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Highly accurate sorting of seeds using AI leads to improvement in eligibility rates: Kyushu University develops technology to prevent seed loss


Seeds of the vegetables that we eat every day are sorted before being sold to farmers and other buyers, but those that do not meet certain fixed standards are discarded without being used. If the eligibility of germination rate is set at 90%, seed lots with an eligibility rate of even 89% will be discarded. Due to this, it is believed that considerable seed loss occurs, but the actual situation is not clear. Assistant Professor Osamu Matsuda of the Faculty of Science at Kyushu University, in collaboration with Tokita Seed, has developed a new sorting technology that can precisely improve the eligibility rate of seeds of various crops. An AI model was made to learn the reflection spectra of near-infrared light, which is also known as the 'fingerprint information' of chemical components.

In collaboration with Sinfonia Technology, they are also working on the production of a sorting device that incorporates this technology; this is expected to contribute to sustainable food production, including seed loss reduction, through its practical application. Matsuda commented, "Seed sorting by near-infrared spectroscopy has been repeatedly reported to be possible in principle, but there have been no developmental studies showing that it is actually achievable. Now that we have shown that it is, we hope to eliminate seed loss." The results were published in PLOS ONE.

A variety of vegetable seeds: Seeds are indispensable both as food and in food production, however, in order to meet strict quality standards, some seeds are discarded without being utilized in crop production (seed loss). Seed quality control has been difficult because of the diversity of seeds.
Provided by Kyushu University

In his past research, Matsuda devised a method to determine the germinability of seeds of conifers, Cryptomeria japonica and Chamaecyparis obtuse, which are used for afforestation. The method was based on the reflectance spectrum of near-infrared light at different wavelengths. The method was commercialized by Kyushu Keisokki through a device that can automatically select only germinating seeds. However, compared to forestry seeds, for which no legal quality standards have been established, seeds for crop production, which are sorted in advance in multiple steps based on several factors including grain size and specific gravity, show higher uniformity, which precludes determining the quality by 'human intuition' based on the general shape of the reflectance spectrum.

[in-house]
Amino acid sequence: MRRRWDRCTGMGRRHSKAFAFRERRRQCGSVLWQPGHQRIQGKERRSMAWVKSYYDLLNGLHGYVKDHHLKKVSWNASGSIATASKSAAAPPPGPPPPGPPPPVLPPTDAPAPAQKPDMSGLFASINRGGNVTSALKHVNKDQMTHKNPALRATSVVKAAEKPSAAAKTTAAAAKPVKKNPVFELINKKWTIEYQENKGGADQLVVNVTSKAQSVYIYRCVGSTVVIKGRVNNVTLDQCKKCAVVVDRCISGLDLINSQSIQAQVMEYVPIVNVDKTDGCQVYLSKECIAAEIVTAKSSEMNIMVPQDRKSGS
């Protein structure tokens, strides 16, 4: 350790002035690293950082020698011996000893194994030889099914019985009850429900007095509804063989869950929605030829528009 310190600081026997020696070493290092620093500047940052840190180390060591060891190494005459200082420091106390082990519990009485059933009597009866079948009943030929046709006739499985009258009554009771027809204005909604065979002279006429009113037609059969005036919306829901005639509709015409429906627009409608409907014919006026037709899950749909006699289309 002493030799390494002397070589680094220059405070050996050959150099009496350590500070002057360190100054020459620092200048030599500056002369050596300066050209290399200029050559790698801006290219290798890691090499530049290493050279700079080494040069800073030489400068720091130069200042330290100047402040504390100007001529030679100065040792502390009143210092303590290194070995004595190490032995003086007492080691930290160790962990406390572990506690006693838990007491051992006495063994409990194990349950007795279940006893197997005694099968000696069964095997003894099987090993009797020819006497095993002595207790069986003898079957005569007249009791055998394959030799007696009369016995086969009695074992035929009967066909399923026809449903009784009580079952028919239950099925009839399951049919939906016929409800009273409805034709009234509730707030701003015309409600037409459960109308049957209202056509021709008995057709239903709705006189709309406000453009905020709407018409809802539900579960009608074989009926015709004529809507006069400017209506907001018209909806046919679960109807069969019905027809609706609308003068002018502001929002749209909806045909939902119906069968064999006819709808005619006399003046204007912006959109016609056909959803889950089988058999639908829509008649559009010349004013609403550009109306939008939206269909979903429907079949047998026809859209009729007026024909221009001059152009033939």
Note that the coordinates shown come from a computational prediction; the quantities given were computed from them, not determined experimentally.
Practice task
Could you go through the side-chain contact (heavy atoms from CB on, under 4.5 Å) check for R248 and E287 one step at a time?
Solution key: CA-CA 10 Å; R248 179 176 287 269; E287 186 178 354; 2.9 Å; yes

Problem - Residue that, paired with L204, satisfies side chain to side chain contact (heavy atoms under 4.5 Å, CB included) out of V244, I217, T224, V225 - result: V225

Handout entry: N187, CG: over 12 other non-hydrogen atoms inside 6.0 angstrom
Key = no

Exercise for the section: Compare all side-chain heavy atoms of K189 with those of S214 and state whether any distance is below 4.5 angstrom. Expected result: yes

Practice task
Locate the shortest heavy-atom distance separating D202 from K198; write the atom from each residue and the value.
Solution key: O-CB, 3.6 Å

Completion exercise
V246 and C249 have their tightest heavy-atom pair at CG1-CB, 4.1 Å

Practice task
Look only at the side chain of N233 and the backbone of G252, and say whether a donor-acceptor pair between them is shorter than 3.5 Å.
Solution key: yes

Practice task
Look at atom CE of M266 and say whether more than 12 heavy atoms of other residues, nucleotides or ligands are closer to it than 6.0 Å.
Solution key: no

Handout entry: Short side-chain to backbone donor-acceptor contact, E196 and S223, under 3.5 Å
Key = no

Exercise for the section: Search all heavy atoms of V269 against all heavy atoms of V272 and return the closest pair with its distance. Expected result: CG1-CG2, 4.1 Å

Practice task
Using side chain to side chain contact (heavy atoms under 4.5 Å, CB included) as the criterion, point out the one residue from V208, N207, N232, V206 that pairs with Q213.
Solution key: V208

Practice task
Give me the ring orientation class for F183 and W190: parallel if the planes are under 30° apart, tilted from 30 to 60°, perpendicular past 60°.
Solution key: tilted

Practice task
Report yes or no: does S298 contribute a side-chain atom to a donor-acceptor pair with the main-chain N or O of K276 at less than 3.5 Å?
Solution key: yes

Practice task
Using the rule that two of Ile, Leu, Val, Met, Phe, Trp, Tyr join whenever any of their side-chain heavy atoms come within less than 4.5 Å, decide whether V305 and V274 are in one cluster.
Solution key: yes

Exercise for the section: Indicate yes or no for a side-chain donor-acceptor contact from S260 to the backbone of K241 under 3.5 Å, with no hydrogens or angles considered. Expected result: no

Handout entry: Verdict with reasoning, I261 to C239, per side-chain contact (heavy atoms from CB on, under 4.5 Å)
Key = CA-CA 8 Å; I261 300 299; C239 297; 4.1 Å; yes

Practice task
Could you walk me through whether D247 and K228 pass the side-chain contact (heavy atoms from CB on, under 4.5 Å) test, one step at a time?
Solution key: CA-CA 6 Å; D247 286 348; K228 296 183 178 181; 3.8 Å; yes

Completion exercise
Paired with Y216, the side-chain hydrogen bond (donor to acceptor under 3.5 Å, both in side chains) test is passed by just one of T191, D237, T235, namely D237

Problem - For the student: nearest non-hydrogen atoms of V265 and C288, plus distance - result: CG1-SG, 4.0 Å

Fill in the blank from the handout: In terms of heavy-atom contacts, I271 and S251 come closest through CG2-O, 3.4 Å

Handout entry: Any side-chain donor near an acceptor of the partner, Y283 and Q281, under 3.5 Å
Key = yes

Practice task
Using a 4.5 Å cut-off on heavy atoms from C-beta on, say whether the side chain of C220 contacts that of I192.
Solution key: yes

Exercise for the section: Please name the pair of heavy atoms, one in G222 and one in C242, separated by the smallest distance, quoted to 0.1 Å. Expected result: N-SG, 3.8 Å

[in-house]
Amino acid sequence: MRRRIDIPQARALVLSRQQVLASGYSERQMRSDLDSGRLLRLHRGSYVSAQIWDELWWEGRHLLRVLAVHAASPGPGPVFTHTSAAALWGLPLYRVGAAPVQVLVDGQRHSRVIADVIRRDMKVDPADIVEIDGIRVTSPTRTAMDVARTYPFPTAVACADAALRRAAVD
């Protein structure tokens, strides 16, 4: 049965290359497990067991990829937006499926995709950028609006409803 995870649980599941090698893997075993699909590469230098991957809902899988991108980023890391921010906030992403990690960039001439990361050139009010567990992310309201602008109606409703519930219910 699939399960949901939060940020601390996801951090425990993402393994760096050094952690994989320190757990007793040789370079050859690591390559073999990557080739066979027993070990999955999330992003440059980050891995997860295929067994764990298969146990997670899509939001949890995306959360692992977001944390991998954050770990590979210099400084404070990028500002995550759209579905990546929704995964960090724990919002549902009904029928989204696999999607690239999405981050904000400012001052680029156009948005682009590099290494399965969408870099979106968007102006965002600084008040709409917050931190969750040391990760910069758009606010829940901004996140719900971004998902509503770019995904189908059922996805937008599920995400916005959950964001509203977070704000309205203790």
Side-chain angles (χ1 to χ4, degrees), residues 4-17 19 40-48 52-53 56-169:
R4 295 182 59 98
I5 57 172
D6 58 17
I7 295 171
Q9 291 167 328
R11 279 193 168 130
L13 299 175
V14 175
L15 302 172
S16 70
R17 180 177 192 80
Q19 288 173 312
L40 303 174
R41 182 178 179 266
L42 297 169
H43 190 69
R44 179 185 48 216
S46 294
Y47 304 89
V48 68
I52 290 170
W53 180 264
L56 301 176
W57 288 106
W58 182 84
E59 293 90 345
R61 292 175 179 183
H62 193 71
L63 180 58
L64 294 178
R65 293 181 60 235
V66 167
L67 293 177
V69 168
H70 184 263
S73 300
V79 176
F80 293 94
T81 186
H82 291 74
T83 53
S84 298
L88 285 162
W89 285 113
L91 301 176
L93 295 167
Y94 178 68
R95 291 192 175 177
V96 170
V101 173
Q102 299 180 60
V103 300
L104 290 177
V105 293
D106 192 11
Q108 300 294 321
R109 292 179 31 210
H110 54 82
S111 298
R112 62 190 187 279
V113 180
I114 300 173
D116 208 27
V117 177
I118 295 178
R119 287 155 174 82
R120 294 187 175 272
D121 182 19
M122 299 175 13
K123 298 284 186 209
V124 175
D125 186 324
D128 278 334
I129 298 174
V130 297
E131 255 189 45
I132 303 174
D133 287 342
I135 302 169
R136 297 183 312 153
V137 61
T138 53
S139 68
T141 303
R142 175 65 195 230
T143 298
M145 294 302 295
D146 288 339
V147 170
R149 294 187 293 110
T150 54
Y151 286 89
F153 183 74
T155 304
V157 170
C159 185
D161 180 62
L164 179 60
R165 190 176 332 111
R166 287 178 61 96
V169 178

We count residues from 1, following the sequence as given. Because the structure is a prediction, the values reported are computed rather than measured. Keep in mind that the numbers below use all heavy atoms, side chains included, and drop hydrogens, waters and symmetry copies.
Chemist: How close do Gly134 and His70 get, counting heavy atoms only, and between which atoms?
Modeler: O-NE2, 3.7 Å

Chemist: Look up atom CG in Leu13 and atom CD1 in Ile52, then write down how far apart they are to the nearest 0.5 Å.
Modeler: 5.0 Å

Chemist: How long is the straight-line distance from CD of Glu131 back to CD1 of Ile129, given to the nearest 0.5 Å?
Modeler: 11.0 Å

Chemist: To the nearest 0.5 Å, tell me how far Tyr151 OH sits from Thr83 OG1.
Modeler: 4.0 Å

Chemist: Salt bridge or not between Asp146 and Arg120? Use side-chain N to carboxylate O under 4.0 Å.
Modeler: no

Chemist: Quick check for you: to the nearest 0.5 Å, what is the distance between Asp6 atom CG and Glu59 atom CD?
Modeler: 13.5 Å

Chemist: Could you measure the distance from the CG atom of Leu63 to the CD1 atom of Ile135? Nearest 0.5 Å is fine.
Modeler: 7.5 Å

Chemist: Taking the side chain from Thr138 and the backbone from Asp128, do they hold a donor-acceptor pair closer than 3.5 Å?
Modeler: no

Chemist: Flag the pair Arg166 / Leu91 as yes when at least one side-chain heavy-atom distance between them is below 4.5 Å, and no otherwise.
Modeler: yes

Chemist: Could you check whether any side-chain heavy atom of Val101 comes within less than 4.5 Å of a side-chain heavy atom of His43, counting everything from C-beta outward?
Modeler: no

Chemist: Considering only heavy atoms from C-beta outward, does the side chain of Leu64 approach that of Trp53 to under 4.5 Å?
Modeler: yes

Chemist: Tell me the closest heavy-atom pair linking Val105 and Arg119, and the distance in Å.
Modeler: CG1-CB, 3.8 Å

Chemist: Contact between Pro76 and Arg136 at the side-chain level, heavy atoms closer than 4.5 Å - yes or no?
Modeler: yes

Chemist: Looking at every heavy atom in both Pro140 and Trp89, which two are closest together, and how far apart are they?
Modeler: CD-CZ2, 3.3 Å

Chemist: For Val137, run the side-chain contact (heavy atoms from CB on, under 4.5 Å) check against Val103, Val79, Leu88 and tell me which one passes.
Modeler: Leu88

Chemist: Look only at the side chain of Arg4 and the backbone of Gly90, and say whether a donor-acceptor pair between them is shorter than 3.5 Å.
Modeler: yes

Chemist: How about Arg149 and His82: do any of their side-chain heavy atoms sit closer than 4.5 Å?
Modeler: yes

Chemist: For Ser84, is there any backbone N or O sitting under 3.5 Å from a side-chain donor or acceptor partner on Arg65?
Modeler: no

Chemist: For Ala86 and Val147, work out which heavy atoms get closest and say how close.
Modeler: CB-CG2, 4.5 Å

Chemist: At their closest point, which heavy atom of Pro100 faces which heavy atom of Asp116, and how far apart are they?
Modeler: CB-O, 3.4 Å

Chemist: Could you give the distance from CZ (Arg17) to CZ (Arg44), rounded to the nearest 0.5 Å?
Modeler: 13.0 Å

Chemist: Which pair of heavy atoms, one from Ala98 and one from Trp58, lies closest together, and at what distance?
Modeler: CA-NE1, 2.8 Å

In this study, the research team trained an AI model on reflectance spectrum data and was able to demonstrate that a common procedure can be used to determine the germinability and genotype eligibility in eight varieties of six families of vegetable seeds tested (pumpkin from the Cucurbitaceae family, pea from the Fabaceae family, lettuce from the Asteraceae family, leek from the Amaryllidaceae family, tomato from the Solanaceae family, and cauliflower from the Brassicaceae family). As less than a day is required to determine the calculation formula for determining the quality of an individual seed once the results of quality tests on several hundred seeds (specimens) are obtained, even the accidental occurrence of a defective lot in an unexpected item or variety can be addressed immediately. Through this, it is possible to increase the eligibility rate above the standard limit and restore the commercial value of seeds.

The fabrication of the device in collaboration with Sinfonia Technology should be completed within a year if the crop species and processing capacity are not considered. However, seeds are extremely diverse, and the mechanism of the device must be optimized depending on the target crop species. In some cases, adjusting the conditions may be sufficient, whereas in other cases, it may be necessary to redesign the mechanism to accommodate completely different seed grain sizes and shapes.

Matsuda added, "If advanced quality prediction leads to a fierce competition in quality among seed producers, and so results in an increase in seed loss, it will become an issue of putting the cart before the horse. We will continue our research and development on faster processing; however, we believe that our top priorities for the popularization of this technology should be the realization of low-price devices and expansion of the variety of seeds for crops that can be handled."

Journal Information
Publication: PLOS ONE
Title: Last-percent improvement in eligibility rates of crop seeds based on quality evaluation using near-infrared imaging spectrometry
DOI: 10.1371/journal.pone.0291105

This article has been translated by JST with permission from The Science News Ltd. ( Unauthorized reproduction of the article and photographs is prohibited.

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